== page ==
Line powering, or plug-in-power (PiP), is the low-current 3 V to 5 V supply provided at the microphone jack of some consumer equipment, such as portable recorders and computer sound cards. It is unlike phantom power since there is no shield connection on these jacks. Instead, a low voltage (around +5 volts) is connected to the tip and ring of the 3.5 mm jack through resistors around 2.2 kilohms, with return through the sleeve; the DC power is in common with the audio signal from the microphone. Capacitors are used to block the DC from subsequent audio frequency circuits. It is often used for powering electret microphones, which will not function without power. It is suitable only for powering microphones specifically designed for use with this type of power supply. Damage may result if these microphones are connected to true (48 V) phantom power through a 3.5 mm to XLR adapter that connects the XLR shield to the 3.5 mm sleeve.  Plug-in-power is covered by Japanese standard CP-1203A:2007 A similar line-powering scheme is found in computer sound cards. Both plug-in-power and soundcard power are defined in a not-yet-released version of IEC 61938.
Some condenser microphones can be powered with a 1.5 volt cell contained in a small compartment in the microphone or in an external housing.
These alternative powering schemes are sometimes improperly referred to as "phantom power" and should not be confused with true 48-volt phantom powering described above.
Phantom power is also used by workers in avionics to describe the DC bias voltage used to power aviation microphones, which use a lower voltage than professional audio microphones. Phantom power used in this context is 8 to 16 volts DC in series with a 470 ohm (nominal) resistor as specified in RTCA Inc. standard DO-214. These microphones evolved from the carbon microphones used in the early days of aviation and the telephone which relied on a DC bias voltage across the carbon microphone element.
Phantom power is also used in applications other than microphones:
- Phantom circuit
- Power line communication, data communication over mains electricity
- ITU-T G.hn, a home network using existing home wiring (power lines, phone lines and coaxial cables)
- HomePlug Powerline Alliance, an industry trade group on datacommunication over mains electricity
- David Miles Huber, Robert E. Runstein Modern Recording Techniques, Focal Press 2009 ISBN 0-240-81069-4, page 117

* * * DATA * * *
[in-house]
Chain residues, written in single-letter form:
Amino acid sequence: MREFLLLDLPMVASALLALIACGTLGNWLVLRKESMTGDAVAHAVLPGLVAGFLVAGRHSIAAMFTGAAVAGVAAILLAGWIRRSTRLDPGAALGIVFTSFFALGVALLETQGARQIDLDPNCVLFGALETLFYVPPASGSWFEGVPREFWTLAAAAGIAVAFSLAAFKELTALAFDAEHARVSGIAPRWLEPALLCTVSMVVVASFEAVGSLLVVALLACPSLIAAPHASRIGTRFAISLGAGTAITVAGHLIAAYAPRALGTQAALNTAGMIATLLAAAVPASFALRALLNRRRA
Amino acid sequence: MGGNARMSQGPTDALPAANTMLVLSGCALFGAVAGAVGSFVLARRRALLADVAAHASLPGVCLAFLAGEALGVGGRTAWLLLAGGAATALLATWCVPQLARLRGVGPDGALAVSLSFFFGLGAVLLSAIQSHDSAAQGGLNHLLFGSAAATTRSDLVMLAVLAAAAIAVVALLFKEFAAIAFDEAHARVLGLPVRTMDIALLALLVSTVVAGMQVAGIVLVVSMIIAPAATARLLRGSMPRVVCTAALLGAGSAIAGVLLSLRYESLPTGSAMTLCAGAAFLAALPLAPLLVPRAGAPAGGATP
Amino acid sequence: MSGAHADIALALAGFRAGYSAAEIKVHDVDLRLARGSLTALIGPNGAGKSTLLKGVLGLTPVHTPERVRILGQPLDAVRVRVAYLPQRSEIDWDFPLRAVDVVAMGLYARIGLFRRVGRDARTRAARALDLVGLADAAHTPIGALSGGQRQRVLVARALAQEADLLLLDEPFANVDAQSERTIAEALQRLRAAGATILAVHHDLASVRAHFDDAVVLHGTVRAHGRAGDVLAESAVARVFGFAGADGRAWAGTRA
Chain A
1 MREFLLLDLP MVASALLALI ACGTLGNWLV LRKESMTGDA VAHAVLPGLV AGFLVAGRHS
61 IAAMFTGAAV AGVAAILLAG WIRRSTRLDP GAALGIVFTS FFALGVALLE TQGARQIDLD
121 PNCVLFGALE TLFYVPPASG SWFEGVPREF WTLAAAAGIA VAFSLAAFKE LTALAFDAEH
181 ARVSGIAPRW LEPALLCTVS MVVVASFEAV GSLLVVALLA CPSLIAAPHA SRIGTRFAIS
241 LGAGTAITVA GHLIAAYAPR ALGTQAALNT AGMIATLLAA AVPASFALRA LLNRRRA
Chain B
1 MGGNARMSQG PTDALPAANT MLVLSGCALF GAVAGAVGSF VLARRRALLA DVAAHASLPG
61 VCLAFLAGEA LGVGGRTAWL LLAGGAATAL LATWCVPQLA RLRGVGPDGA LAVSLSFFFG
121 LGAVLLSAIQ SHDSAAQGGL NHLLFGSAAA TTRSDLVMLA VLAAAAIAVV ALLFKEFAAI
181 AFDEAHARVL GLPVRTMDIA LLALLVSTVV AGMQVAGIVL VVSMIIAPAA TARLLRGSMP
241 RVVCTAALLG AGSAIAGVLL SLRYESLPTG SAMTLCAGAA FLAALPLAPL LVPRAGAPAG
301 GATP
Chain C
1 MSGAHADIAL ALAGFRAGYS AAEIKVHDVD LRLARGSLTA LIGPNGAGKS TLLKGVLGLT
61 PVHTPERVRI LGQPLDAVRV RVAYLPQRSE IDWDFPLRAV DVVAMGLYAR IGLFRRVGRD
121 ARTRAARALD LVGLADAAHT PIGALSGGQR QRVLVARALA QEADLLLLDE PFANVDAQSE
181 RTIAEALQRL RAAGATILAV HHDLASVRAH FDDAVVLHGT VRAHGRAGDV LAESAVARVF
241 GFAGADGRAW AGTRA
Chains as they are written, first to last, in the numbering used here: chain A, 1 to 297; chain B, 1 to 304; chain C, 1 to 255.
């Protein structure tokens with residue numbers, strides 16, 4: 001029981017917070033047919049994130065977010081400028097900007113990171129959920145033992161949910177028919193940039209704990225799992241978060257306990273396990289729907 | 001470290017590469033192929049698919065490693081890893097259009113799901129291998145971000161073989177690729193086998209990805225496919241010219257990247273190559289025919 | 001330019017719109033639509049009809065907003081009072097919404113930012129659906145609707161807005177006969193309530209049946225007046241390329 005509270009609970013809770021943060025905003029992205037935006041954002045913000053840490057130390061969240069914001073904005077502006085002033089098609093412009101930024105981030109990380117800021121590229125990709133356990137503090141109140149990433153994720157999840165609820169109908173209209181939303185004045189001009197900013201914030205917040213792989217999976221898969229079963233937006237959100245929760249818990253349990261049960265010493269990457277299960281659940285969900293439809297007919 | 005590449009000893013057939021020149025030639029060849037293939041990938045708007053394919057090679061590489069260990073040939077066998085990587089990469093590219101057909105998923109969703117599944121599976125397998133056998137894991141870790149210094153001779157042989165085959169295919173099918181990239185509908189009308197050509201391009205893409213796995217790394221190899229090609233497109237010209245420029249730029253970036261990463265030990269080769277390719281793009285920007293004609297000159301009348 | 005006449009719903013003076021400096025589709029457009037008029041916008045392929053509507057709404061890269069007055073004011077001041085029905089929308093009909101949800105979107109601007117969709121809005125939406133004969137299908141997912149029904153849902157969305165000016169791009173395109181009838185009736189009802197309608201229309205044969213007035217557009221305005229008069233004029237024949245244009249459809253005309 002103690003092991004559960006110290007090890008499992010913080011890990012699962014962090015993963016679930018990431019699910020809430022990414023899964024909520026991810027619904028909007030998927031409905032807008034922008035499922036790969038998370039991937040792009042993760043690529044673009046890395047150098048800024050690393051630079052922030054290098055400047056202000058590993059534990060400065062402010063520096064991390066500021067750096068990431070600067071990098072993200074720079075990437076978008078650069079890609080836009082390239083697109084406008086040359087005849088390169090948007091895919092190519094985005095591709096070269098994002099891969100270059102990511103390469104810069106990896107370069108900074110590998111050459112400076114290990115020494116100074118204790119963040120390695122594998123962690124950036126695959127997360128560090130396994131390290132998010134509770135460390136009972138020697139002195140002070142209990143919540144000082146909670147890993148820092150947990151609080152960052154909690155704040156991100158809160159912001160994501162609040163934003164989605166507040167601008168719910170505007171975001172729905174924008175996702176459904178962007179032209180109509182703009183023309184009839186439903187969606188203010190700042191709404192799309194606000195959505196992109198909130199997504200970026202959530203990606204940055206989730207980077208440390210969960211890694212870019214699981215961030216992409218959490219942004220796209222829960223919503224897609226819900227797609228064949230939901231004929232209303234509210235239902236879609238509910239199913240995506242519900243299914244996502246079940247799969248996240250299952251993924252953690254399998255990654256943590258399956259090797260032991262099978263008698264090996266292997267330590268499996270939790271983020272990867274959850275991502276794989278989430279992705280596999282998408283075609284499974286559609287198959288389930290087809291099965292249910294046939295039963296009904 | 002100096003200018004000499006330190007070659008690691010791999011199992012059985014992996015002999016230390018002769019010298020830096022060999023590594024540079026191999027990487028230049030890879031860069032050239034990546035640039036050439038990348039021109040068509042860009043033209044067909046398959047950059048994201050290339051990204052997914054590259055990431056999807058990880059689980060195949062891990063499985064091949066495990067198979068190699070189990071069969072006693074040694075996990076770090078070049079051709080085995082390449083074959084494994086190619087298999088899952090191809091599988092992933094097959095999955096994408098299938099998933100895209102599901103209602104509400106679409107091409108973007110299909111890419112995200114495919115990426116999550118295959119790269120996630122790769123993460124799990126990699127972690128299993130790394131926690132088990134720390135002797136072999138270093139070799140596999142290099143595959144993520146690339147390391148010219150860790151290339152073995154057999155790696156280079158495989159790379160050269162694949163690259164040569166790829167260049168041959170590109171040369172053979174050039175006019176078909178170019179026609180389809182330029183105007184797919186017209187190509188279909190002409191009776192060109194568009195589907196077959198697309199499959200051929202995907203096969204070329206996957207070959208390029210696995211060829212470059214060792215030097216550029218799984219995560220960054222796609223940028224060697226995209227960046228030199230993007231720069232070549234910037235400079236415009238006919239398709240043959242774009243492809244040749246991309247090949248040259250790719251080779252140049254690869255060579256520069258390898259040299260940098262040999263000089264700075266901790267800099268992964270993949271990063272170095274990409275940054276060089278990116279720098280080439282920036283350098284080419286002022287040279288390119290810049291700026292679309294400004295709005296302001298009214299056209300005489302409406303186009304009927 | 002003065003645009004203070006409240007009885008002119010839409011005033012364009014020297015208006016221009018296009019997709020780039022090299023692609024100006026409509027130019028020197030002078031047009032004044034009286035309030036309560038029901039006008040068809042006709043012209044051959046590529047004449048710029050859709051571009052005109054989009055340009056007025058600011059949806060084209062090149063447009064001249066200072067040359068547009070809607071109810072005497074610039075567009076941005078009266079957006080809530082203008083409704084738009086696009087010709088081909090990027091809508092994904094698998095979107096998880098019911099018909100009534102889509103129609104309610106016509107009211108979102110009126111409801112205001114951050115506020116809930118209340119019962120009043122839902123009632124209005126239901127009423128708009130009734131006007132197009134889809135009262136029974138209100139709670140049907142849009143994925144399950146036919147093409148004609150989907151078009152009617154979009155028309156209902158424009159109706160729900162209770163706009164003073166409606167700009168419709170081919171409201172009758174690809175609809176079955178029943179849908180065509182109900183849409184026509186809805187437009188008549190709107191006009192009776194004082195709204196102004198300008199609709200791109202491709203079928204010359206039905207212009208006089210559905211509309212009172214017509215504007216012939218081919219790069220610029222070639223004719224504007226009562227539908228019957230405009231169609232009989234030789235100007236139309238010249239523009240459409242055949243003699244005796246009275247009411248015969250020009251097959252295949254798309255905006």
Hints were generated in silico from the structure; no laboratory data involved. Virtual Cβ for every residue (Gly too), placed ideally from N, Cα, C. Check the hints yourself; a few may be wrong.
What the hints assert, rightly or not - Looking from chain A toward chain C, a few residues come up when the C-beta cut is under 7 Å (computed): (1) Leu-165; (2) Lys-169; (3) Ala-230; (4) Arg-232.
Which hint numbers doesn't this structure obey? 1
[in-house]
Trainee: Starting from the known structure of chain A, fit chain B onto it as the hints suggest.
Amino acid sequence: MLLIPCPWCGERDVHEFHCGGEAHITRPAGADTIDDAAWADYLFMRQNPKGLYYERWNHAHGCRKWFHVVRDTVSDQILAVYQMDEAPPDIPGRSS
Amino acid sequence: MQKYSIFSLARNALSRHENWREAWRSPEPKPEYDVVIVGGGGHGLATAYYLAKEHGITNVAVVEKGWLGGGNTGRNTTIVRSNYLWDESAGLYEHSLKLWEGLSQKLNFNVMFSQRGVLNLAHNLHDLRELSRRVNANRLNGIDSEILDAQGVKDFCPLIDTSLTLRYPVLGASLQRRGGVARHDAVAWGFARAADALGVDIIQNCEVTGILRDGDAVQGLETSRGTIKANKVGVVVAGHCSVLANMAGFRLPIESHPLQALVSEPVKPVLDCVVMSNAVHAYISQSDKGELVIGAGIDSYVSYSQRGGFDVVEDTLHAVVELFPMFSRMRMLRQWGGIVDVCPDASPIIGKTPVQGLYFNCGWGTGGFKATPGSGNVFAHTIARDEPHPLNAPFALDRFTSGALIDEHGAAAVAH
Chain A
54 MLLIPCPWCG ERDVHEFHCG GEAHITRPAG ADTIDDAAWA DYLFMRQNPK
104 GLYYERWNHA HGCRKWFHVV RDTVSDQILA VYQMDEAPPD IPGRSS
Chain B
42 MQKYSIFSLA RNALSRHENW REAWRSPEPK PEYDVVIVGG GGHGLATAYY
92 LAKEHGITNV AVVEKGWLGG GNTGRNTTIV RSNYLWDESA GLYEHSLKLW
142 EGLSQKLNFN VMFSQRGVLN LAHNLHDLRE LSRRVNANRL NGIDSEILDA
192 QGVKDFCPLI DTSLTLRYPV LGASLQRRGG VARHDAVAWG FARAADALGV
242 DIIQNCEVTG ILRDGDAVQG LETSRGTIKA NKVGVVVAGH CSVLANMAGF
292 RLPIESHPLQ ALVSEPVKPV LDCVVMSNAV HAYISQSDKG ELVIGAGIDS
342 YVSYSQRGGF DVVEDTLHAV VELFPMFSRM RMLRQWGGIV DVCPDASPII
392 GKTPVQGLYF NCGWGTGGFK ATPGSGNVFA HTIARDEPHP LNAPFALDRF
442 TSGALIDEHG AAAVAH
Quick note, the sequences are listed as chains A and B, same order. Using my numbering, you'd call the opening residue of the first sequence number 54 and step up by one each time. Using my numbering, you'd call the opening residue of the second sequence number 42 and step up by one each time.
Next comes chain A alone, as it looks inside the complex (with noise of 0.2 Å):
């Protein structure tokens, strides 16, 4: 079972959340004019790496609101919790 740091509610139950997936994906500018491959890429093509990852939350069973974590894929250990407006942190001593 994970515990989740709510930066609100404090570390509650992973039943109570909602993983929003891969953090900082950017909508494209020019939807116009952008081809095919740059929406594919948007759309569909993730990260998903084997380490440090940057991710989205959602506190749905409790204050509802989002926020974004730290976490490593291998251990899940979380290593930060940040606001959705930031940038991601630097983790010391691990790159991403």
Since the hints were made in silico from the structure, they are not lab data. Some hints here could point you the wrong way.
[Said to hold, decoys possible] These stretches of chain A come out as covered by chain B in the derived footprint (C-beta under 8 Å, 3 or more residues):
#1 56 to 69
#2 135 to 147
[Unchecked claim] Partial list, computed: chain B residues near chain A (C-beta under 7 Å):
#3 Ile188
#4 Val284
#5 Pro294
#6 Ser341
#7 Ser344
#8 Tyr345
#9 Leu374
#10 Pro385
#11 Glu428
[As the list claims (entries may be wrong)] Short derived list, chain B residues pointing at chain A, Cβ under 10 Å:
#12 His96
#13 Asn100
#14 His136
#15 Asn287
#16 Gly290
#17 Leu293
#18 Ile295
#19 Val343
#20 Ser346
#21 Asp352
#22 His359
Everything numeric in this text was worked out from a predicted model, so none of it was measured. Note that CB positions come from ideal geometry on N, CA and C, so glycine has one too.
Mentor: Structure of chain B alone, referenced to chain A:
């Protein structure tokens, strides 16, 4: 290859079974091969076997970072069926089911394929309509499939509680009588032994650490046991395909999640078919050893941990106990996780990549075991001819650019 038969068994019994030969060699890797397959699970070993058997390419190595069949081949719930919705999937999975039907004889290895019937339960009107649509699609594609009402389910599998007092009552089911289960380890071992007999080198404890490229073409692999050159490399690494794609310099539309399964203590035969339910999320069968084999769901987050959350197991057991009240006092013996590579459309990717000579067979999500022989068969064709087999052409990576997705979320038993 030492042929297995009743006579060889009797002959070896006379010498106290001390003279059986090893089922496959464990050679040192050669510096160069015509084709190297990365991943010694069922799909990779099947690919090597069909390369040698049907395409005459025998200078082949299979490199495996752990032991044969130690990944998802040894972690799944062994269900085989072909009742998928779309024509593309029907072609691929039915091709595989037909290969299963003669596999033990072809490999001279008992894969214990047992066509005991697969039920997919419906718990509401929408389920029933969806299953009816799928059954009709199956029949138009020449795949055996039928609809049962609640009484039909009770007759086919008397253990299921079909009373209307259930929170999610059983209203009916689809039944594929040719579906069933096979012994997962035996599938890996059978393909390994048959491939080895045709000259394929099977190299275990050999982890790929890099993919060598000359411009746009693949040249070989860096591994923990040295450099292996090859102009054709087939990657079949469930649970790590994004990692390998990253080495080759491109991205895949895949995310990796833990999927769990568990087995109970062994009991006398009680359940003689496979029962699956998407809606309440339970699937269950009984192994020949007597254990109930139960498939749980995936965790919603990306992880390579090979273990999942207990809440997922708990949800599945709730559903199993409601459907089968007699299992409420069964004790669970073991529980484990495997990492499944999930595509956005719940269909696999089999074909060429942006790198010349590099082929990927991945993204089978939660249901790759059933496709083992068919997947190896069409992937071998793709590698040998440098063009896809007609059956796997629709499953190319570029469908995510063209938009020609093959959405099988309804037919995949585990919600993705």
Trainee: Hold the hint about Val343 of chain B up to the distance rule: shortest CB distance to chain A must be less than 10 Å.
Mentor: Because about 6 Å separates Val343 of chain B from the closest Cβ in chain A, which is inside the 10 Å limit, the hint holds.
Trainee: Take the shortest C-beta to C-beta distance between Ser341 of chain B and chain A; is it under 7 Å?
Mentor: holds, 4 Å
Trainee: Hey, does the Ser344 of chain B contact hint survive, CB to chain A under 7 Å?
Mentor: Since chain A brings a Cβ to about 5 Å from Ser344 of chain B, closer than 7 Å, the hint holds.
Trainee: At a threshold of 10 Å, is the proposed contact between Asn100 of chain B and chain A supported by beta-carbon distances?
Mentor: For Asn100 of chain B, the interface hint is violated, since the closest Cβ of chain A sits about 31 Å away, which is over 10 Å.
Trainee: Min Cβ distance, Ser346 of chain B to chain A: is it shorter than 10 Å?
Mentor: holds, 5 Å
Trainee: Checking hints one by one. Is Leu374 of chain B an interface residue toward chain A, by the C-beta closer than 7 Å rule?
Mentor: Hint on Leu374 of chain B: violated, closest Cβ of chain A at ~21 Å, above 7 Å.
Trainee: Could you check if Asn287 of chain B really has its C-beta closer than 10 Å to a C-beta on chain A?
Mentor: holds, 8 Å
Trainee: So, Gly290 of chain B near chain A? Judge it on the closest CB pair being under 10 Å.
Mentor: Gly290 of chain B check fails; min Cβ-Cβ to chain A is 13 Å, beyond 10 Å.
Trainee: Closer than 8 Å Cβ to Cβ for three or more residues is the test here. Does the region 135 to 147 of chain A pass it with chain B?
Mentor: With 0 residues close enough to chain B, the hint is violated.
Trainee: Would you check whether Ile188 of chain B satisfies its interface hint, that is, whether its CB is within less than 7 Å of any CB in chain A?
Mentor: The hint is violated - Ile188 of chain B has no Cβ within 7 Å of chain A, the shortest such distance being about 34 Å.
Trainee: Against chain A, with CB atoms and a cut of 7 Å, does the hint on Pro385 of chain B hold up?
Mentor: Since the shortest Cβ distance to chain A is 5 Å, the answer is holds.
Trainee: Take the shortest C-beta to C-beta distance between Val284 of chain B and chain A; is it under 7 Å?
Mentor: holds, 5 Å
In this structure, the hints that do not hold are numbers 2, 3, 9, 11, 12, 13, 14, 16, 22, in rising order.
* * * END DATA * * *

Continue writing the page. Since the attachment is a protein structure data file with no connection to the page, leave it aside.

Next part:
- "Can phantom power damage your microphones?". 2012-05-24. Retrieved 2013-06-05.
Sending Phantom Power to an old (prior to 1970 design) ribbon microphone without an isolating transformer, while using a bad cable, which has the ground (pin 1) shorted to pin 2 or pin 3 of the XLR. This is the one classic example why everybody says - do not send phantom power to ribbon microphones, but the chances of this “perfect storm” to happen are really not that big.
- Gary Davis (1989). The Sound Reinforcement Handbook. Hal Leonard Corporation. p. 130. ISBN 9781617745454.
- "Q. Has phantom power damaged this keyboard?". Sound on Sound. January 2013. Retrieved 2013-06-05.
- Bortoni, Rosalfonso; Kirkwood, Wayne (March 2010). "The 48-Volt Phantom Menace Returns". Audio Engineering Society.
- "Ribbon Mics and Phantom Power". Royer. Retrieved 2013-06-05.
- Tomlinson Holman (2012-11-12). Sound for Film and Television. CRC Press. p. 304. ISBN 9781136046094.
- Francis Rumsey; John Watkinson (2004). Digital interface handbook third edition. Elsevier. p. 204. ISBN 0-240-51909-4.
- Michael Talbot-Smith Sound assistance, Focal Press, 1999 ISBN 0-240-51572-2, pages 94,95
- http://www.microphone-data.com/media/filestore/articles/Powering%20mics-10.pdf Chris Woolf Powering Microphones, retrieved 2013 April 28
- http://www.rtca.org/ RTCA DO-214
- The Schoeps CMT 20 microphone of 1964 — the world's first phantom-powered microphone
- Phantom Powering — Balanced Lines, Phantom Powering, Grounding, and Other Arcane Mysteries
- Powering microphones — a collection of information and circuits for powering electret microphone capsules
- Microphone Design and Operation — contains alternative condenser microphone powering techniques including T-power/12T/A-B powering/DIN 45595
- DIY tester — for the presence of phantom power and limited wiring testing